The case of Romag Fasteners v. Fossil is scheduled for argument before the Supreme Court of the United States during the court's October 2019-2020 term. At issue is whether, under the Lanham Act, willfulness is a prerequisite for an award of the infringer’s profits. Under the current landscape, the Third, Fourth, Fifth, Sixth, Seventh, and Eleventh Circuits have held that willfulness is not an absolute requirement in order for the plaintiff to recover profits. On the other hand, the Second, Ninth, Tenth, and District of Columbia Circuits have disagreed, stating that a willfulness finding is required in order to award the infringer’s profits to the plaintiff. The Supreme Court’s ultimate ruling on the issue will potentially resolve the sharply divided circuit split, and provide trademark owners a clearer roadmap in terms of damages and financial recovery following a finding of infringement.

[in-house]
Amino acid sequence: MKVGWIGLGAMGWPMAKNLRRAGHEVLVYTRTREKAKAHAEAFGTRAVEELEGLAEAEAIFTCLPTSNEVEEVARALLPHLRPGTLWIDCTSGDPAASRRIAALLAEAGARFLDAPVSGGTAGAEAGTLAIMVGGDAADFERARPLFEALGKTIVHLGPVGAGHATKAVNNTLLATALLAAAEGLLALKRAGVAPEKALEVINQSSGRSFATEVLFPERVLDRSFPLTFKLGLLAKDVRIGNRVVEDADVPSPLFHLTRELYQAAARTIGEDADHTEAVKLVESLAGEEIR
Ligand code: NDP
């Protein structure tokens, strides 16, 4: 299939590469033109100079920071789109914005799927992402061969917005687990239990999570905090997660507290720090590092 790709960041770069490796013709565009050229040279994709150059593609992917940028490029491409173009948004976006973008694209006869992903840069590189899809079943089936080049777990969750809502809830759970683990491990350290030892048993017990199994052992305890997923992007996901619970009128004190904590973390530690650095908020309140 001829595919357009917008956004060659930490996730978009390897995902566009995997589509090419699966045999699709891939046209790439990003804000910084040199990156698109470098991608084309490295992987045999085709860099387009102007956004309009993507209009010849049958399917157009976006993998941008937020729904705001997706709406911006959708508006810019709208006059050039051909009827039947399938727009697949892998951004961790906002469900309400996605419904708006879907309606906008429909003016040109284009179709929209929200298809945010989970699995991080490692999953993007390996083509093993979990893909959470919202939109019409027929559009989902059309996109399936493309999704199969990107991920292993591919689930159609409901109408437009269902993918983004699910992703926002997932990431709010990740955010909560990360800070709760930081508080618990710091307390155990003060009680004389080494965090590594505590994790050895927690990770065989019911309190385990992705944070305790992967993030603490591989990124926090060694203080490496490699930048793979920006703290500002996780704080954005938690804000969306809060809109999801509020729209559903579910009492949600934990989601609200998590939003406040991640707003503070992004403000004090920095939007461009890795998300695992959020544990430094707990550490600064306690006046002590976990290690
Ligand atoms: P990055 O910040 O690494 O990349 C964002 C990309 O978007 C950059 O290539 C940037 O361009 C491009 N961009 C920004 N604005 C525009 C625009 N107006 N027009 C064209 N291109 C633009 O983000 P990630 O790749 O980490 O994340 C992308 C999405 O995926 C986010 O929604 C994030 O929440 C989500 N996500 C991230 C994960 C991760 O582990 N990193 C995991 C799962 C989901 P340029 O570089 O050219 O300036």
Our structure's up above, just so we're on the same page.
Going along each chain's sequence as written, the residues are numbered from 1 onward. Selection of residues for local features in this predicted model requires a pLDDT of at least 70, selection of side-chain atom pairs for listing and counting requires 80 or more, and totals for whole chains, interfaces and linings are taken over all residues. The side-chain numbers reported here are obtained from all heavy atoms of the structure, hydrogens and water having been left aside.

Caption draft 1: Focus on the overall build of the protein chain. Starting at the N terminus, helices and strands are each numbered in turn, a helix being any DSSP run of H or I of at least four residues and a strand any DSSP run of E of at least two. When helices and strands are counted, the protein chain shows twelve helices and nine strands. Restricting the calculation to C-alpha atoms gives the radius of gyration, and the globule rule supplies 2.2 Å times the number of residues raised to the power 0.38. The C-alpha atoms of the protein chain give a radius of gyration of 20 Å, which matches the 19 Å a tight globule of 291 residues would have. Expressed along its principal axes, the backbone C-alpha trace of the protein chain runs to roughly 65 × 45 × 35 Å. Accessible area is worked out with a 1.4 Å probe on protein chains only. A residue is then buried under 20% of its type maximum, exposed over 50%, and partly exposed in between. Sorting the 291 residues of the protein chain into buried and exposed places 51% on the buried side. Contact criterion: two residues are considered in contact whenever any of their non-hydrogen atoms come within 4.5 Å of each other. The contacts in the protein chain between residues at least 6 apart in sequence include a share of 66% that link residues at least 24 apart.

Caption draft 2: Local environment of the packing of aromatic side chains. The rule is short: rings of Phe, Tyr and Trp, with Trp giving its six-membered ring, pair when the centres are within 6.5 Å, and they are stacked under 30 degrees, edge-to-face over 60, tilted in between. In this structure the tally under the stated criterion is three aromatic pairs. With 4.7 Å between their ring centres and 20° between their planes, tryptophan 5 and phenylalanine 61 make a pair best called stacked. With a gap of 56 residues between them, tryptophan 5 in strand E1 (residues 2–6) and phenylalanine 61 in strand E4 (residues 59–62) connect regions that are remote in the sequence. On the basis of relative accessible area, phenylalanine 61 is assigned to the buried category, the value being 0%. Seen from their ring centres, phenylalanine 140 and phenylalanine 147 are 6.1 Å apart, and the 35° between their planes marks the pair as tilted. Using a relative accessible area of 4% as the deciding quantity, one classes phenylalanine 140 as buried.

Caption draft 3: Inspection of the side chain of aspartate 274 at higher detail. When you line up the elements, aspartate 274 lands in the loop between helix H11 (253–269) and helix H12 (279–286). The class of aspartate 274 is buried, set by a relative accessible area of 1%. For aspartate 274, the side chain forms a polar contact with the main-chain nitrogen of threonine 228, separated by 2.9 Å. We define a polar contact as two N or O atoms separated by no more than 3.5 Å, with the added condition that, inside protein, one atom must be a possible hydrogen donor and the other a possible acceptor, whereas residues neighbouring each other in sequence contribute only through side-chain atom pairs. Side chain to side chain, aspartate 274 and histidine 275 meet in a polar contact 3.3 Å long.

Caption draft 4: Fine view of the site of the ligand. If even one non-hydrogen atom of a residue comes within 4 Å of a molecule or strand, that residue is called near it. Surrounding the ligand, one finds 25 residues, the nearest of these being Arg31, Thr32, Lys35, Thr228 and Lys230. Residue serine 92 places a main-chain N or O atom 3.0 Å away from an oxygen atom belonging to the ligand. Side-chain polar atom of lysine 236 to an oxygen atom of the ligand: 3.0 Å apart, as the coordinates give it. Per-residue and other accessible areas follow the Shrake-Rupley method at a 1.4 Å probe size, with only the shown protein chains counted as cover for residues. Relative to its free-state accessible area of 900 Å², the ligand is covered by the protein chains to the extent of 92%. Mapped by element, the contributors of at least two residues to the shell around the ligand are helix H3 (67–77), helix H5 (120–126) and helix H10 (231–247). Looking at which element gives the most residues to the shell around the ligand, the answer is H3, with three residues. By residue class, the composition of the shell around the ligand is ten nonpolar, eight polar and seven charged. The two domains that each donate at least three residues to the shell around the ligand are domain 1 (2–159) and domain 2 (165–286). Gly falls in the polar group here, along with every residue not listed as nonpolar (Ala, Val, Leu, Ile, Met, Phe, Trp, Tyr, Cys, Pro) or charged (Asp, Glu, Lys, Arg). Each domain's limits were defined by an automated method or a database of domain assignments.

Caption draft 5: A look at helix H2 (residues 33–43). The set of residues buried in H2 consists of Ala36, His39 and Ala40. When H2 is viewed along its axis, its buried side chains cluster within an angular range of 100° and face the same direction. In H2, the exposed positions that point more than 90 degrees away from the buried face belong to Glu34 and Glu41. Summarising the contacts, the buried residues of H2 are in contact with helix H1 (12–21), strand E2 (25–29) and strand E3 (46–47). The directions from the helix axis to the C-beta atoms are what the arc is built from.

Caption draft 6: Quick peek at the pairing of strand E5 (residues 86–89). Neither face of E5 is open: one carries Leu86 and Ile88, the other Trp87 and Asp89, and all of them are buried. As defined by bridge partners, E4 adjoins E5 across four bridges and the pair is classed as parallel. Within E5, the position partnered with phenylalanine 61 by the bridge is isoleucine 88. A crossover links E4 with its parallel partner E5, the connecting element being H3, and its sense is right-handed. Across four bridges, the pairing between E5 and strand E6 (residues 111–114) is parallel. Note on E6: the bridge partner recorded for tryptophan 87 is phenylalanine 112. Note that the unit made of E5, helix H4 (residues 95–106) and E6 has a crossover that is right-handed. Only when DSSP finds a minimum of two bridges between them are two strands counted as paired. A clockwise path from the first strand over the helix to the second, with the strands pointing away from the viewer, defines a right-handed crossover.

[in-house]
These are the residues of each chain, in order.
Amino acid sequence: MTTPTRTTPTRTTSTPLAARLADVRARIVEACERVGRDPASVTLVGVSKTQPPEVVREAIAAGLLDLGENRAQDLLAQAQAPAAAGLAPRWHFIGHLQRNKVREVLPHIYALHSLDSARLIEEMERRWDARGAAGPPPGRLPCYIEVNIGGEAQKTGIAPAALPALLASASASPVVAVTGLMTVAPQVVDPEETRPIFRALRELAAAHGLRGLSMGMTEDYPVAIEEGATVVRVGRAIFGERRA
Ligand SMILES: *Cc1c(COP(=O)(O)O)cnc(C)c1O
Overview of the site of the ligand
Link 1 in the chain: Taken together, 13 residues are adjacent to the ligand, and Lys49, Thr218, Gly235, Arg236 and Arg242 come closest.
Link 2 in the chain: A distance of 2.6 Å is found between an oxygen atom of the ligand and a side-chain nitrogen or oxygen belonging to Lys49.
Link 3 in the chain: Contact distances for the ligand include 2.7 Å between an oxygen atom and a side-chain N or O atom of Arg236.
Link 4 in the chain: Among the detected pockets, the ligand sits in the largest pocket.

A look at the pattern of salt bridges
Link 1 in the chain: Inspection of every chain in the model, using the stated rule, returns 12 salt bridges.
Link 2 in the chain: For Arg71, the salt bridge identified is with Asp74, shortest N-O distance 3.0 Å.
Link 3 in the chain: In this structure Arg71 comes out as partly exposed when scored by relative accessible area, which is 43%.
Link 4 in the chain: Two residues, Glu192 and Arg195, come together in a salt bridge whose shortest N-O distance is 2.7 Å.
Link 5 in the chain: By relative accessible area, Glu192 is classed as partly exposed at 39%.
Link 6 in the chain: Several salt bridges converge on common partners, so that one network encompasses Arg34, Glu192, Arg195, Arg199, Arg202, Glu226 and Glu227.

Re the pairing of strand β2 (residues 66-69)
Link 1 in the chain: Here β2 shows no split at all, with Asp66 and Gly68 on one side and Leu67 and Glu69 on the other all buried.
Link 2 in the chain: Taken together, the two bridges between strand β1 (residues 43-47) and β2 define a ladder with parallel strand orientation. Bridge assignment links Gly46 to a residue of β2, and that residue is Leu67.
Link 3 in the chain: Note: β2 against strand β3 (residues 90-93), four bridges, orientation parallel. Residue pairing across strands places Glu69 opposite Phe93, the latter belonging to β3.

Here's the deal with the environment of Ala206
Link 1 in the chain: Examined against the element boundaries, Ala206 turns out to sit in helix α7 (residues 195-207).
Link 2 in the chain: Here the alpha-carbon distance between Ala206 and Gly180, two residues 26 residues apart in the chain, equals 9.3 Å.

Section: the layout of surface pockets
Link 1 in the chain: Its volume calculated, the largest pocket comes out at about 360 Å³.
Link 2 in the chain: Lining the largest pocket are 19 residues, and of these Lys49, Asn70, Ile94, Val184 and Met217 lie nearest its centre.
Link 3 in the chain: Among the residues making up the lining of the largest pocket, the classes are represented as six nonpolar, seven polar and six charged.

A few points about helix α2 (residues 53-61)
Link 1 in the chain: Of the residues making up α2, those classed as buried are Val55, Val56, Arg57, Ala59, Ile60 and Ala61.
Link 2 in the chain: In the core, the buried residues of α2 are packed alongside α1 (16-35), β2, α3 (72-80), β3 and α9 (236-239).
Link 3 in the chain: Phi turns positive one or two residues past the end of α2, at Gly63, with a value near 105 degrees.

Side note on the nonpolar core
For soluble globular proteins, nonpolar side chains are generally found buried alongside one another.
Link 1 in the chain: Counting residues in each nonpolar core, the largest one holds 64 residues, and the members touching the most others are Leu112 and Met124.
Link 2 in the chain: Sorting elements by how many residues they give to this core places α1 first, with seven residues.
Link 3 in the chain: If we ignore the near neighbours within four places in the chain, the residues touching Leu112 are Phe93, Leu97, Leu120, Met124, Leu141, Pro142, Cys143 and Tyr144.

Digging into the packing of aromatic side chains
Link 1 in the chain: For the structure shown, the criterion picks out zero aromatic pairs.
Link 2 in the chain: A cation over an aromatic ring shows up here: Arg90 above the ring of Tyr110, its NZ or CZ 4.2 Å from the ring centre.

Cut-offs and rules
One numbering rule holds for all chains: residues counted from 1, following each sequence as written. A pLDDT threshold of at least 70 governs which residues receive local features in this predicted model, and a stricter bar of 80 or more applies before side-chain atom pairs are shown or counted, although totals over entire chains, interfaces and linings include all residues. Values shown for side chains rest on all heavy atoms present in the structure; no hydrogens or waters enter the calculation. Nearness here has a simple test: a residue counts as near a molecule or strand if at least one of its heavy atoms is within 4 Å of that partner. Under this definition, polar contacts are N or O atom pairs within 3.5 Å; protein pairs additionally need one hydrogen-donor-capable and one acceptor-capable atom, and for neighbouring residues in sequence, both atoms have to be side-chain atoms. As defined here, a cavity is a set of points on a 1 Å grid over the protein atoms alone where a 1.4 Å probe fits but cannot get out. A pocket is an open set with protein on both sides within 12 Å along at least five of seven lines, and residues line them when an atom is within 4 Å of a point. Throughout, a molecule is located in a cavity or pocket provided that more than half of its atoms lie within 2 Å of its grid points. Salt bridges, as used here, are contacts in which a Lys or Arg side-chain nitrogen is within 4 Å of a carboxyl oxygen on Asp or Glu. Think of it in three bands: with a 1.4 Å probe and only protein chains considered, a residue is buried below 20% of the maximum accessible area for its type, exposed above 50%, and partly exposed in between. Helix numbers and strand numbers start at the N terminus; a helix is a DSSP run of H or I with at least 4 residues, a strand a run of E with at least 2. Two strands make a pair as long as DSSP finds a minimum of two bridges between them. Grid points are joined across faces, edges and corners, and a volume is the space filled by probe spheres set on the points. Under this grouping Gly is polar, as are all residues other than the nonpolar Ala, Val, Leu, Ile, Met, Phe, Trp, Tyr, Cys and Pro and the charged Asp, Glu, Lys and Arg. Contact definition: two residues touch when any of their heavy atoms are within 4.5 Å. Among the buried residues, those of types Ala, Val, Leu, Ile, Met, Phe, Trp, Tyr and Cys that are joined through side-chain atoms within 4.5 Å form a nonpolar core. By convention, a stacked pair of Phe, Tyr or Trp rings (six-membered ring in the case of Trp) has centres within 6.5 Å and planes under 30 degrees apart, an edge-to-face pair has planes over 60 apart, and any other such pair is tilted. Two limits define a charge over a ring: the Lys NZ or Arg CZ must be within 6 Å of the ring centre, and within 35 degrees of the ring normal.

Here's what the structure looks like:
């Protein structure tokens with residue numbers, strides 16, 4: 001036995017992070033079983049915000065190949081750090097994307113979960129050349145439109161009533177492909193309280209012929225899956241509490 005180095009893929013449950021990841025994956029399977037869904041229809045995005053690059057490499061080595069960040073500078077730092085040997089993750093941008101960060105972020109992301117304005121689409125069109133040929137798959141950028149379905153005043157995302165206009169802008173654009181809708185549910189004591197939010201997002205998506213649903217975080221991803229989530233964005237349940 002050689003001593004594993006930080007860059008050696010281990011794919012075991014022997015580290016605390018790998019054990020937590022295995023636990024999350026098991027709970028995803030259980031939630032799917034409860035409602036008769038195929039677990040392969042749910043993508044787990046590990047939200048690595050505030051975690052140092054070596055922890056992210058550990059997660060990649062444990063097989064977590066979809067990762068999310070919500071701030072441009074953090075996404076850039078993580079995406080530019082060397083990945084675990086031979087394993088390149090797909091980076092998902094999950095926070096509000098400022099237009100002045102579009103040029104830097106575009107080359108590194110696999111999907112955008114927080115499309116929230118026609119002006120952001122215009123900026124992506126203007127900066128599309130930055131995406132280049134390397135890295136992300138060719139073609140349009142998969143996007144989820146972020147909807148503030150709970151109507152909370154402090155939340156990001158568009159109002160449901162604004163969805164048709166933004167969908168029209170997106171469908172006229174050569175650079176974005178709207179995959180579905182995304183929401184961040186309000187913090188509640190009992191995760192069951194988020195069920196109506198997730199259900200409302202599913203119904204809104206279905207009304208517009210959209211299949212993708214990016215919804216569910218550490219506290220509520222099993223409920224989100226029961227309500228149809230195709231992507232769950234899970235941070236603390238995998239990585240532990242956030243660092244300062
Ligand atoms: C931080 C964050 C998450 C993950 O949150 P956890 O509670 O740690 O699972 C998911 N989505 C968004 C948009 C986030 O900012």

Supreme Court Set to Decide When Trademark Infringers May Be Required to Turn Over ProfitsWritten by Jonathan Woodard
Mr. Woodard represents clients in Intellectual Property Litigation. He also has International Law experience, having clerked for the General Counsel of the International Fund in Rome, Italy. Mr. Woodard obtained his law degree, cum laude, from Florida A&M College of Law, where he served as an editor on the law review. He earned his bachelor’s degree from King College as a recipient of a full academic/athletic scholarship as member of the varsity basketball team.
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